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Phillip Chokwak v. Les Worley and Ron Worley (3/8/96), 912 P 2d 1248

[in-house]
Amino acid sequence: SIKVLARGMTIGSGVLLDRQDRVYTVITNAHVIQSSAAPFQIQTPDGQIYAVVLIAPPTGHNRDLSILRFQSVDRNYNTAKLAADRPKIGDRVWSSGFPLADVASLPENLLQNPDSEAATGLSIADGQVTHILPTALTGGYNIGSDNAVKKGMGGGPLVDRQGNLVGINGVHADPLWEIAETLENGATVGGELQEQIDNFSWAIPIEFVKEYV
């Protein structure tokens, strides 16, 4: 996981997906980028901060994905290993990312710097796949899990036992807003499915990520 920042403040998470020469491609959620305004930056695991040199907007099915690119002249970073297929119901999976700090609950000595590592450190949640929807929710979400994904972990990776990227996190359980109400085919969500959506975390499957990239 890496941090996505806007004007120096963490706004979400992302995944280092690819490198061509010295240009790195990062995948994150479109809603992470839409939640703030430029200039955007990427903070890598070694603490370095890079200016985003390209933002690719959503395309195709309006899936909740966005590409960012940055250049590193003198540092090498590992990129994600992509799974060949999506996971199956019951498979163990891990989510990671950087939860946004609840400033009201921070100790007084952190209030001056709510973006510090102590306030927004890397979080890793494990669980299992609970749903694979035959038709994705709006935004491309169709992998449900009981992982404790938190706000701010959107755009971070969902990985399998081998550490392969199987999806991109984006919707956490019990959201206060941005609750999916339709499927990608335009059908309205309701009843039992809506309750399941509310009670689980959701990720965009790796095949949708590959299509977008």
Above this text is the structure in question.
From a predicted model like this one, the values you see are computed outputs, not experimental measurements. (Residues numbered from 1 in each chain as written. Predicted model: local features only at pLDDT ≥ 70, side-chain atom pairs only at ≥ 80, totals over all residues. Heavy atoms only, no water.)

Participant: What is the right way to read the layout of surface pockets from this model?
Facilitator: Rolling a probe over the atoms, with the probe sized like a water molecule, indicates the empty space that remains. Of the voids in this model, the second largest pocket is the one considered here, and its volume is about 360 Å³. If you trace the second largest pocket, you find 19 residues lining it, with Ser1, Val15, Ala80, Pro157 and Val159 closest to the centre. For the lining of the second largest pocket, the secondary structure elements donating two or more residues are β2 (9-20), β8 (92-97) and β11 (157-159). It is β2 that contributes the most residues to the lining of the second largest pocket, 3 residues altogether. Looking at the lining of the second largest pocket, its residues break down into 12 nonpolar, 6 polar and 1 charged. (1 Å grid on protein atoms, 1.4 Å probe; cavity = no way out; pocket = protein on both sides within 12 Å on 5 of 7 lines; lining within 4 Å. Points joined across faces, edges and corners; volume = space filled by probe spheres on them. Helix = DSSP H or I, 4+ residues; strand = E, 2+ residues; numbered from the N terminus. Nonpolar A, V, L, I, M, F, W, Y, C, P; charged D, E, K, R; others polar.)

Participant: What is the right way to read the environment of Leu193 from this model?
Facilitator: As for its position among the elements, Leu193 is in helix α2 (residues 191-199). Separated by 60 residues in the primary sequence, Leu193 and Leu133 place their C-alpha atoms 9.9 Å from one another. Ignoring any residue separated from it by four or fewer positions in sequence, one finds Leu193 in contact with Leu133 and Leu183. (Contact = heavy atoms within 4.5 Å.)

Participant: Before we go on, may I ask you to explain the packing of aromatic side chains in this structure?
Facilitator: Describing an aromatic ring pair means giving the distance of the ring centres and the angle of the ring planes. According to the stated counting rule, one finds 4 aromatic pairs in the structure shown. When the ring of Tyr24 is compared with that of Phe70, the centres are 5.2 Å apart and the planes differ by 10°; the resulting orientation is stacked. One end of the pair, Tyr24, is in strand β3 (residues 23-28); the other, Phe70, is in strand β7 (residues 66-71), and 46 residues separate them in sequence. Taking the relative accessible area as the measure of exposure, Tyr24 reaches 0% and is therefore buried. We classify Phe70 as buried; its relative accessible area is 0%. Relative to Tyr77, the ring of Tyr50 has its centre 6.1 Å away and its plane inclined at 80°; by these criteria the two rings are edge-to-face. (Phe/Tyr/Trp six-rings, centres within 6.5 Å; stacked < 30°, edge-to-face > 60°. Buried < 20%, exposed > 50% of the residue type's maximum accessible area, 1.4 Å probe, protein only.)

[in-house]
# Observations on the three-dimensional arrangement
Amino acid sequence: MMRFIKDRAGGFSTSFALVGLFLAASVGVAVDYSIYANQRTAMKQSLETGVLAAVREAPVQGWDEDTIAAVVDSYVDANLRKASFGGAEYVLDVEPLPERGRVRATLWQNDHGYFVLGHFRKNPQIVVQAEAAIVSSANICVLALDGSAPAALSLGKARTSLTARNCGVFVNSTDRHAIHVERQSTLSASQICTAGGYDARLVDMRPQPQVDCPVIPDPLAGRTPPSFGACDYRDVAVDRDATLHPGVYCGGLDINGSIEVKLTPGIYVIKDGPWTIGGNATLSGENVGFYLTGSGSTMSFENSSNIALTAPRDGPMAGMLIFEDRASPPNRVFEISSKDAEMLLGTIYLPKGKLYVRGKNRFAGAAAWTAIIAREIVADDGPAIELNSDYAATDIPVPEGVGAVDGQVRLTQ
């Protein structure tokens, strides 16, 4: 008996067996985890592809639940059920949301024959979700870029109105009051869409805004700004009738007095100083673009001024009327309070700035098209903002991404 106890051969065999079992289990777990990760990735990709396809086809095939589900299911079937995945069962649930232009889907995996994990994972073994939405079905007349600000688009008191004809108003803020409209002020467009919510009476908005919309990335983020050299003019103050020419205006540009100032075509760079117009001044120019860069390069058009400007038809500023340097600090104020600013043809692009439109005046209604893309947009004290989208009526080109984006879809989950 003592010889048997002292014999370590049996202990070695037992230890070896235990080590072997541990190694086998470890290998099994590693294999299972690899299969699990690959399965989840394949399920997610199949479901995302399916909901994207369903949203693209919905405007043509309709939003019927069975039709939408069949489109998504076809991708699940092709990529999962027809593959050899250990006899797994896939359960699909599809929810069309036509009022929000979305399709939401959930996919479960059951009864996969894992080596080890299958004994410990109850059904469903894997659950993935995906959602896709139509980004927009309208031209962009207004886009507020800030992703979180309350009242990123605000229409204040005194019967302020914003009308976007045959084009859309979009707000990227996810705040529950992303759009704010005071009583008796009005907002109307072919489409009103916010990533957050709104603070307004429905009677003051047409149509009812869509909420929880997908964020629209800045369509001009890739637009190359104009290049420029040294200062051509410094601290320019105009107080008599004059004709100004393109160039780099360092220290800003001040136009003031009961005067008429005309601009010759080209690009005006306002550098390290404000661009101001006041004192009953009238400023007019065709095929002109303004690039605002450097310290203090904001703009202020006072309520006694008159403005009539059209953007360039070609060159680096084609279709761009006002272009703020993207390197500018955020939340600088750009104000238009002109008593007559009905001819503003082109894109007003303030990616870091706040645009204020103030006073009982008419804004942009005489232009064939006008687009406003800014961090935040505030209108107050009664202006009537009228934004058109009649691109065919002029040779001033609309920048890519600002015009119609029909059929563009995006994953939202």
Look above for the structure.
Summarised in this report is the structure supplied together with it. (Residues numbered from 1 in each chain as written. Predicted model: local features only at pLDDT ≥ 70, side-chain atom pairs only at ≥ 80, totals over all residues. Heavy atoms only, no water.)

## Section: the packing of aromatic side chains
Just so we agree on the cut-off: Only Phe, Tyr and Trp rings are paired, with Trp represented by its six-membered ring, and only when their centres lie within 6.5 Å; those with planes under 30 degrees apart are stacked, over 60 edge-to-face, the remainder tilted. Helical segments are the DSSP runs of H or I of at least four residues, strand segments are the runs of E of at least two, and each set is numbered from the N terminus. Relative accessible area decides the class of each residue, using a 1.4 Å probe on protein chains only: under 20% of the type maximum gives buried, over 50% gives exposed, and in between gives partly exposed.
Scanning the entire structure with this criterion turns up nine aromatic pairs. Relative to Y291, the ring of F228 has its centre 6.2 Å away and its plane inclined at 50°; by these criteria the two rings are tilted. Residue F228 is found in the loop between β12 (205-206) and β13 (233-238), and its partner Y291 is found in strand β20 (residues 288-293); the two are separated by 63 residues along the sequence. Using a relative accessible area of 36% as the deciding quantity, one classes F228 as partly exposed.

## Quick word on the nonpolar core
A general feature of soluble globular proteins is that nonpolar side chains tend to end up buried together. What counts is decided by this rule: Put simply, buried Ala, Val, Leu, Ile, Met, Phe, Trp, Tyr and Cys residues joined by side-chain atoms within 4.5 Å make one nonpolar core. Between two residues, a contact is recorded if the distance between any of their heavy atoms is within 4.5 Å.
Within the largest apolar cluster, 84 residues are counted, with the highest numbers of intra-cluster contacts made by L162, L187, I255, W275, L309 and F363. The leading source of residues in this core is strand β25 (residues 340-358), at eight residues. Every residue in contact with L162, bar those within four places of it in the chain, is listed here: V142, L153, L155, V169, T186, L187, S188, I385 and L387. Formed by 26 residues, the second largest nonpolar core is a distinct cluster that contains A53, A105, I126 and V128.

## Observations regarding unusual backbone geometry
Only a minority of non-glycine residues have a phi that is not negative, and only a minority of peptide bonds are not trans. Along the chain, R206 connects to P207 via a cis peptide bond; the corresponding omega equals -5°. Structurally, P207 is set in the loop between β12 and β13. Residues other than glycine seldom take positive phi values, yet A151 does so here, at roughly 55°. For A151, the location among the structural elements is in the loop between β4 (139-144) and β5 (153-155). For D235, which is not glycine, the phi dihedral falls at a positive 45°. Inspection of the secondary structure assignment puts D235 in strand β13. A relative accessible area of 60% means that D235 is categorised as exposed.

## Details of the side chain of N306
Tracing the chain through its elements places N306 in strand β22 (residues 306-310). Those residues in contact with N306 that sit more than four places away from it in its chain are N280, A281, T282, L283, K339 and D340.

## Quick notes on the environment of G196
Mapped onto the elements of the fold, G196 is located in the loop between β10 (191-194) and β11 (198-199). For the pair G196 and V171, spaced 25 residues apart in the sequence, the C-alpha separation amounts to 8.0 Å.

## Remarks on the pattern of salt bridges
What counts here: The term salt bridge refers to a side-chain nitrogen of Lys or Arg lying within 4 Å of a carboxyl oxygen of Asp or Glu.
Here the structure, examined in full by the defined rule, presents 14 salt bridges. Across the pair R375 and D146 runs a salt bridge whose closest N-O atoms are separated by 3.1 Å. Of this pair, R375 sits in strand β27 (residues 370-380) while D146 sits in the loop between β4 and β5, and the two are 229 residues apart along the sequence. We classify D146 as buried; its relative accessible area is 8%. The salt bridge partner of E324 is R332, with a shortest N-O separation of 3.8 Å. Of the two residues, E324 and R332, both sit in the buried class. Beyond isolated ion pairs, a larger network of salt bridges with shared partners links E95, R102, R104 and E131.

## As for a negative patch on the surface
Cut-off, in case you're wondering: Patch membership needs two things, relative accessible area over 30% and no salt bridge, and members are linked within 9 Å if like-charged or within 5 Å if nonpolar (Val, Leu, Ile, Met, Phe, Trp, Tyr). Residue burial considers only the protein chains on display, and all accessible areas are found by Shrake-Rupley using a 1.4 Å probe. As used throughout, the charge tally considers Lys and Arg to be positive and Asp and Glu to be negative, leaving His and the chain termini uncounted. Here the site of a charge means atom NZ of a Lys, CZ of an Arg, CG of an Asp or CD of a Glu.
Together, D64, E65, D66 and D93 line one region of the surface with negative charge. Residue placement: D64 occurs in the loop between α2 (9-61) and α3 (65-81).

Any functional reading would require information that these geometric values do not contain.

Notice: This opinion is subject to correction before publication in the Pacific Reporter. Readers are requested to bring errors to the attention of the Clerk of the Appellate Courts, 303 K Street, Anchorage, Alaska 99501, phone (907) 264-0607, fax (907) 276-5808. THE SUPREME COURT OF THE STATE OF ALASKA PHILLIP CHOKWAK, ) ) Supreme Court No. S-6353 Appellant, ) ) Superior Court No. v. ) 3AN-93-686 CI ) LES WORLEY and RON WORLEY, ) O P I N I O N ) Appellees. ) [No. 4323 - March 8, 1996] ______________________________) Appeal from the Superior Court of the State of Alaska, Third Judicial District, Anchorage, Dana Fabe, Judge. Appearances: Michael W. Flanigan, Walther & Flanigan, Anchorage, for Appellant. Paul W. Waggoner, Law Offices of Paul Waggoner, Anchorage, for Appellees. Before: Moore, Chief Justice, Rabinowitz, Matthews, Compton and Eastaugh, Justices. MATTHEWS, Justice. I. FACTS AND PROCEEDINGS Phillip Chokwak, a minor, became intoxicated at a party hosted by Les and Ron Worley. The Worleys, ages 15 and 17, had furnished a keg of beer and a punch drink mixed with grain alcohol for their classmates at Wasilla High School. Approximately seventy-five to a hundred people attended the party. The Worleys did not limit the availability of alcohol to any of their underage guests, and did not restrain their intoxicated guests from driving. While driving from the party Chokwak was in an automobile accident in which he suffered permanent paralyzing injuries. He sued the Worleys for providing intoxicating liquor to him. The Worleys moved for summary judgment, claiming statutory immunity from civil liability under AS 04.21.020. Their motion was granted and judgment was entered in their favor. Chokwak appeals. Two arguments are presented: first, that AS 04.21.020 does not grant civil immunity to social hosts who unlawfully provide liquor to minors; and second, that if the statute does grant civil immunity to hosts who unlawfully furnish liquor to minors, the statute so completely lacks rationality that it is unconstitutional. II. DISCUSSION A. Does AS 04.21.020 Grant Civil Immunity to Social Hosts Who Provide Liquor to Minors? We turn first to the statutory question. AS 04.21.020 provides: A person who provides alcoholic beverages to another person may not be held civilly liable for injuries resulting from the intoxication of that person unless the person who provides the alcoholic beverages holds a license authorized under AS 04.11.080 - 04.11.220, or is an agent or employee of such a licensee and (1) the alcoholic beverages are provided to a person under the age of 21 years in violation of AS 04.16.051, unless the licensee, agent, or employee secures in good faith from the person a signed statement, liquor identification card, or driver's license meeting the requirements of AS 04.21.050(a) and (b), that indicates that the person is 21 years of age or older; or (2) the alcoholic beverages are provided to a drunken person in violation of AS 04.16.030. Although the phrase "a person who provides alcoholic beverages" is not limited to those who are licensed to provide alcoholic beverages, Chokwak argues that it should be construed to be so limited. He contends that the legislative history of section .020 indicates that it was aimed only at licensees. Further, he argues that reading the statute to apply to nonlicensees who unlawfully furnish liquor to minors reaches an absurd result which could not have been intended by the legislature because it lacks any rational basis and is against public policy. In reply, the Worleys argue that section .020 should be read literally and as so read it precludes a civil action against a nonlicensee for furnishing liquor to minors; that this court has in a number of cases indicated that section .020 immunizes social hosts from civil liability; and that social host immunity is a permissible legislative objective. Chokwak's argument that the legislature intended section .020 to apply only to licensees is supported by some of the legislative history of the statute. Section .020 was enacted in 1980 as part of an act which comprehensively revised the Alaska Statutes pertaining to alcoholic beverages. Ch. 131, SLA 1980. Section .020 was a new provision. See ' 5, ch. 131, SLA 1980. The section-by-section analysis of the act prepared by the Senate Judiciary Committee states the legislative intent of section .020 as follows: It is the intent of this section that a licensee, his agent, or employee who lawfully furnishes an alcoholic beverage to a person who is 19 years of age or older, or a person who is not drunken, may not be held civilly liable for injuries resulting from the consumption of said alcoholic beverage by the above described persons or a third party. Senate Journal Supp. No. 23 at 20, 1980 Senate Journal 643. In interpreting a statute the objective is to determine the intent of the legislature, with due regard for the meaning that the language employed in the statute conveys to others. Marlow v. Municipality of Anchorage, 889 P.2d 599, 602 (Alaska 1995). In the process of interpretation we have "rejected a mechanical application of the plain meaning rule in favor of a sliding scale approach." Peninsula Marketing Ass'n v. State, 817 P.2d 917, 922 (Alaska 1991). Under the approach we use, the plainer the language of the statute, the more convincing contrary legislative history must be. Marlow, 889 P.2d at 602.1 The phrase "a person who provides alcoholic beverages" employed in section .020 is certainly broad enough to cover social hosts and other nonlicensee providers as well as licensees. On the other hand, the section-by-section analysis specifically limits, as a matter of legislative intent, the coverage of section .020 to licensees, indeed to licensees who "lawfully furnish alcohol to others." If the section-by-section analysis were the only legislative history available a close question would be presented as to whether it is sufficiently convincing to require that section .020 be interpreted to apply only to licensees. However, there is other legislative history which points to the conclusion that the legislature intended section .020 to apply to nonlicensees and thus weakens the impact of the section-by-section analysis. The same legislature that passed the act containing section .020 also passed another act which was in substance identical to section .020. This act, House Committee Substitute for Committee Substitute for Senate Bill (HCS CSSB) 115 (Rules) (SB 115), would have added a new section, AS 09.65.097, to the Alaska Statutes, part (a) of which provided: (a) A person who provides intoxicating liquor to an individual may not be held civilly liable for injuries resulting from the intoxication of that individual unless (1) that person holds a license authorized under AS 04.10.020 - 04.10.146, or is an agent or employee of such a licensee; and (2) the intoxicating liquor is provided to an individual under the age of 19 years in violation of AS 04.15.020(a), 04.15.060(d) or 04.15.080, unless the licensee, employee, or agent secures in good faith from the individual a signed statement, liquor identification card, or driver's license, meeting the requirements of AS 04.15.060(d), AS 18.65.310(a), or AS 04.15.065, respectively, and indicating that the individual is 19 years of age or older; or (3) provides intoxicating liquor to an intoxicated person in violation of AS 04.15.020(a). HCS CSSB 115 (Rules), 11th Leg. 2nd Sess. (May 15, 1980). On June 20, 1980, the Governor vetoed this act. His veto message is significant. It states: I have vetoed HCS CSSB 115 (Rules) (relating to the civil liability of providers of intox icating liquor) inasmuch as the Department of Law has advised me that among other undesir able features it will significantly reduce the liability of those illegally dispensing alcohol as well as those dispensing it legally. 1980 Senate Journal 1744. Ten days later the Governor signed FC CSSB 239 which became chapter 131 SLA 1980. See 1980 Senate Journal 1753. Section 5 of this act became AS 04.21.020, which, as noted, contained language identical in substance to that of the vetoed HCS CSSB 115 (Rules).2 The Governor's veto message shows that in the view of the Governor and the Department of Law, SB 115 applied to nonlicensees. SB 115 did not reduce the liability of licensees dispensing alcohol illegally. However, if applied to nonlicensees it did reduce their liability, for no longer would they be civilly liable for giving liquor to an intoxicated person or minor.3 Thus the veto message statement that SB 115 would significantly reduce the liability of those dispensing alcohol illegally only has meaning if the act applied to nonlicensees. There is evidence that the legislature believed that SB 115 applied to nonlicensees. As originally introduced by Senator Ziegler, immunity for social hosts was its sole purpose.4 The bill went through various metamorphoses. When it arrived at the House Rules Committee it provided in relevant part: * Sec. 2. AS 09.65 is amended by adding a new section to read: Sec. 09.65.097. LIMITATIONS ON THE CIVIL LIABILITY OF LAWFUL BEVERAGES PROVIDERS. (a) A person who provides an intoxicating liquor to an individual may not be held civilly liable for injuries result ing from the intoxication of that individual unless the intoxicating liquor is furnished to that indivi dual in violation of a law prohibit ing furnishing intoxicating liquor to a minor or an intoxicated person. HCS CSSB 115 (Finance), 11th Leg., 1st Sess. (Apr. 29, 1979). Representative Cotten of the House Rules Committee wrote a memo soliciting comments on a proposed substitute bill which would clearly be limited only to licensees.5 Senator Ziegler responded, voicing no objection to the proposal, but stating a preference for social host immunity: What you propose to do to good old SB 115 meets with my approbation. I only wish you could carry it one step further and provide protection for non- commercial purveyors like you and me when we pour in our homes. However, protecting the owner/operator is a step in the right direction. Letter from Senator Robert H. Ziegler, Sr., to Representative Samuel R. Cotten (March 10, 1980) (available in Senate Judiciary Committee files). Subsequently, the proposed substitute bill which applied solely to licensees referred to by Rep. Cotten was not adopted. Instead, the final version of SB 115 as passed by the legislature applied to "a person who provides." This history tends to indicate that SB 115 as passed by the legislature was not meant to be limited to licensees. As section 5 (which became ' .020) of SB 239 is nearly identical to SB 115, it is logical to believe that the legislature acted with a similar intent regarding that section. The legislative history described above provides some evidence that the statement of legislative intent concerning section .020 in the section-by-section analysis is not fully inclusive. Because of this we do not find the section-by-section analysis to be sufficiently strong legislative history to require that the literal language of section .020 be narrowed by interpretation to apply only to licensees. Chokwak's second statutory argument is, in essence, a harmonization argument. Relying primarily on Haakanson v. Wakefield Seafoods, Inc., 600 P.2d 1087 (Alaska 1979), he argues that when a statute that bars a cause of action conflicts with the intent of another statute, the two should be read together in a way that preserves the intent of the second statute. In Haakanson, this court applied Alaska's general tolling statute for minors to an unmodified two-year limit on filing wrongful death claims in order to preserve the public policy that favors safeguarding the interests of minors. Id. at 1090. Chokwak argues that the court should similarly read AS 04.21.020 in light of the criminal prohibition on furnishing alcohol to minors in AS 04.16.051(a).6 Thus, in order to preserve the public policy of protecting minors from the deleterious effects of alcohol, we should construe AS 04.21.020(a) not to apply to nonlicensees who furnish liquor to minors. Chokwak's argument assumes that AS 04.16.051(a) provides by implication a private cause of action for civil damages against a social host who illegally provides alcohol to minors. It may fairly be argued that a line of cases dealing with the statutory predecessors to the 1980 revisions so held.7 Chokwak's argument fails because a cause of action "implied"from a criminal statute generally cannot be harmonized with a later statute expressly abrogating civil liability. Civil remedies based on criminal statutes are not "implied"in the usual sense of that word. The legislature may not in fact have intended a civil action to flow from a given criminal statute, yet the civil action is permitted because the courts believe that it is consistent with the statute and furthers the policy which underlies the statute.8 Where, as here, there is express language and an apparent legislative intent to grant broad immunity from civil liability to those who provide alcohol to others, judicially construing a criminal statute to carry with it a civil remedy in conflict with the rule of immunity would be inappropriate. Chokwak contends a literal reading of section .020 may immunize outrageous conduct in ways that render the statute without any rational basis. He hypothesizes scenarios in which the statute might shield, for example, illegal unlicensed vendors, fraternities which haze initiates, and hosts of high school drinking parties. By reading AS 04.21.020 to apply only to the civil liability of licensees, he argues, the court could avoid such "absurd"results. As difficult as it is to defend a policy specifically immunizing those who unlawfully furnish liquor to minors from civil liability, we agree with the Worleys that a policy immunizing social hosts in general from liability for injuries caused by intoxicated persons to whom they have served liquor is not indefensible. The legislature could regard a rule requiring a host to closely monitor his or her guests as placing an unwarranted pall on ordinary social hospitality. The legislature could also wish to encourage individuals to assume responsibility for their own actions when consuming alcohol. The "absurdities" that Chokwak suggests result not from construing AS 04.21.020 to apply to social hosts, but from failing to carve out an exception for furnishing liquor to minors. Given the plain language of the statute and the absence of convincing contrary legislative history, we cannot by statutory interpretation construe section .020 to be inapplicable to nonlicensees who illegally furnish liquor to minors. B. Is AS 04.21.020 Unconstitutional? Chokwak makes both equal protection9 and due process10 arguments in support of his claim that AS 04.21.020 is unconstitu tional insofar as it immunizes nonlicensees who furnish alcohol to minors. Both arguments depend on whether the rule of immunity is lacking in rationality. This court has observed that the due process clause of the state constitution requires that legislation be "at least minimally rational." Gonzales v. Safeway Stores, Inc., 882 P.2d 389, 397 (Alaska 1994). "If any conceivable legitimate public policy for the enactment is either apparent or offered," the enactment will survive due process scrutiny so long as the factual basis for the justification is not disproved. Id. at 397- 398 (quoting Keyes v. Humana Hospital Alaska, Inc., 750 P.2d 343, 351-52 (Alaska 1988)). Similarly, this court's equal protection analysis under the Alaska Constitution for cases such as the present, which receive review under the "relaxed scrutiny test," involves an inquiry as to whether a questioned classification has a legitimate governmental purpose and whether there is a fair and "substantial relationship"between the act and the reason. Id. at 396 (citing State, Dep't of Revenue v. Cosio, 858 P.2d 621, 629 (Alaska 1993)). It is our view that section .020 is not so completely lacking in rationality or legitimacy of purpose as to be unconstitutional. As noted, immunizing social hosts from liability caused by their guests' conduct can rationally be based on a view that it is an undesirable interference with normal hospitality to require a social host to monitor guests' alcohol consumption. Further, the primary actor responsible for harm caused by a drunken person is the drunken person. This was the basis for the "historic common law immunity"of those who furnish liquor to others. Gonzales, 882 P.3d at 397. That common law immunity has been replaced in some circumstances through dram shop legislation shifting partial responsibility to the licensed server of alcohol. Retaining this immunity in any case where liquor is unlawfully furnished to minors is questionable and difficult to defend. Still, the legislative desire not to turn social hosts into the policemen of their guests and a recognition of the ultimate personal responsibility of all those who consume alcoholic beverages, including minors, suffice, in our view, to afford the requisite level of minimal rationality and legitimacy of purpose to section .020. III. CONCLUSION For the above reasons, we conclude that AS 04.21.020 grants civil immunity to social hosts who unlawfully provide liquor to minors and that this grant of immunity is not unconstitutional. The judgment is therefore AFFIRMED. _______________________________ 1 Our discussion in State v. Alex, 646 P.2d 203, 209 n.4 (Alaska 1982), provides a fuller explanation for the method we have adopted: The true issue in interpreting enacted law is the conflict between the meaning the enacting body intended and the meaning conveyed to others. 2A Sutherland, Statutory Construction ' 48.02, at 18-5 (4th ed. 1973). The conflict is between what the sender meant and what the receiver understands. Id. ' 45.08, at 22. The "plain meaning"rule has its basis in this conflict. Obviously, there are elements of unfairness where legislative intent is used to vary the apparent meaning of statutory words. Id. ' 48.02, at 185-86. This has led some members of the judiciary to reject completely the consideration of legislative intent. Justice Holmes once remarked that "we do not inquire what the legislature meant; we ask only what the statute means." Id. ' 45.07, at 20. On the other hand, most decisions speak in terms of legislative intent as if nothing else mattered in interpretation. Id. Neither extreme expressed above provides a realistic and workable approach to the reconciliation of the intent and meaning approaches to the interpretation of enacted law. Part of the problem stems from ambiguity being a relative concept. Words have no intrinsic meaning; what is clear to one person is ambiguous and obscure to another. Id. ' 45.02, at 4-5. As one court stated: "We think the statute is plain on its face, but since words are necessarily inexact and ambiguity is a relative concept, we now turn to the legislative history, mindful that the plainer the language, the more convincing contrary legislative history must be." United States v. United States Steel Corp., 482 F.2d 439, 444 (7th Cir.), cert. denied 414 U.S. 909, 94 S.Ct. 229, 38 L.Ed.2d 147 (1973). In our recent decision of State v. City of Haines, 627 P.2d 1047, 1049 n.6 (Alaska 1981), we interpreted North Slope [Borough v. Sohio Petroleum Corp., 585 P.2d 534, 540 n.7 (Alaska 1978)] as having adopted just such a sliding scale approach as articulated in United States Steel. 2 Section 13 of FC CSSB 239 repealed AS 09.65.097, added by HCS CSSB 115 (Rules), contingent upon the latter taking effect. ' 17, FC CSSB 239. As 115 did not take effect because of the Governor's veto, neither did section 13. The legislative journals do not indicate the Governor's reasons for signing a bill into law with language nearly identical to that so recently vetoed. We will not speculate on his reasons for doing so. 3 Although this court had not ruled as of 1980 that one who provided liquor unlawfully could be civilly liable for injuries so caused, the United States District Court for the District of Alaska had so ruled, applying Alaska law, Vance v. United States, 355 F. Supp. 756 (D. Alaska 1973), and the Alaska Attorney General correctly opined that this court would so rule. Op. Att'y Gen., 4/2/79, J-66-569-79. We did so in Nazareno v. Urie, 638 P.2d 671 (Alaska 1981). 4 Senate Bill 115 as introduced by Senator Ziegler on February 7, 1979, provided: For an Act entitled: "An Act relating to the civil liability of gratuitous servers of alcoholic beverages." BE IT ENACTED BY THE LEGISLATURE OF THE STATE OF ALASKA: *Section 1. The legislature declares that the gratuitous social furnishing of alcoholic beverages to an individual may not be held to be the proximate cause of injuries sustained by that individual or inflicted by that individual on a third party. * Sec. 2. AS 09.65 is amended by adding a new section to read: Sec. 09.65.097. LIMITATIONS ON THE CIVIL LIABILITY OF GRATUITOUS BEVERAGE SERVERS. (a) A person who gratuitously furnishes an alcoholic beverage to an individual may not be held civilly liable for injuries resulting from the intoxication of that individual. (b) The protections of this section do not apply to a person licensed under the provisions of AS 04, or to an employee or agent of a person licensed under the provisions of AS 04, who gratuitously furnishes an alcoholic beverage on a premises licensed under AS 04. SB 115, 11th Leg. 1st Sess. (Feb. 7, 1979). 5 The memo stated: The Rules Committee is considering a committee substitute for HCS CSSB 115. I would appreciate your comments on it. The following is the proposed change: Sec. LIMITATION ON CIVIL LIABILITY. A licensee, or the employee or agent of a licensee, who furnishes an alcoholic beverage to an individual on premises licensed under this title may not be held civilly liable for injuries resulting from the intoxication of that individual unless the furnish ing of alcohol beverages occurred in violation of AS 04.15.020(a) and (d), 04.15.060(e), or 04.15.080. Memo from Representative Samuel R. Cotten to Representative Buchholdt, et al. (March 6, 1980) (available in Senate Judiciary Committee files). 6 AS 04.16.051(a) provides: "A person may not furnish or deliver an alcoholic beverage to a person under the age of 21 years." AS 04.16.180(a) makes violation a class A misdemeanor. 7 See Alesna v. LeGrue, 614 P.2d 1387 (Alaska 1980) (allowing private right of action against liquor licensee for statutory violations, noting that "[m]uch of Alaska's crime and physical injury to persons can be traced to alcohol abuse"); Nazareno v. Urie, 638 P.2d 671, 674-75 (Alaska 1981) (recognizing general common law duty of care for vendors, holding that violation of statute prohibiting provision of alcohol to minor or intoxicated person constituted negligence per se for vendor); Morris v. Farley Enterprises, Inc., 661 P.2d 167 (Alaska 1983) (applying negligence per se doctrine to vendor who sold alcohol to minor in violation of statute). 8 See W. Page Keeton, et al., Prosser and Keeton on the Law of Torts ' 36, at 220-22 (5th ed. 1984) (footnotes omitted): Many courts have, however, purported to "find" in the statute a supposed "implied," "constructive," or "presumed" intent to provide for tort liability. . . . In the ordinary case inquiries into legislative intent are pure fiction, concocted for the purpose. The obvious conclusion must usually be that when the legislators said nothing about it, they either did not have the civil suit in mind at all, or deliberately omitted to provide for it. . . . Perhaps the most satisfactory explanation is that the courts are seeking, by something in the nature of judicial legislation, to further the ultimate policy for the protection of individuals which they find underlying the statute, and which they believe the legislature must have had in mind. The statutory standard of conduct is simply adopted voluntarily, out of deference and respect for the legislature. 9 Article I, section 1 of the Alaska Constitution dedicates the constitution to the principles that "all persons are equal and entitled to equal rights, opportunities, and protection under the law; and that all persons have corresponding obligations to the people and to the State." 10 The first sentence of article I, section 7 of the Alaska Constitution provides: "No person shall be deprived of life, liberty, or property, without due process of law."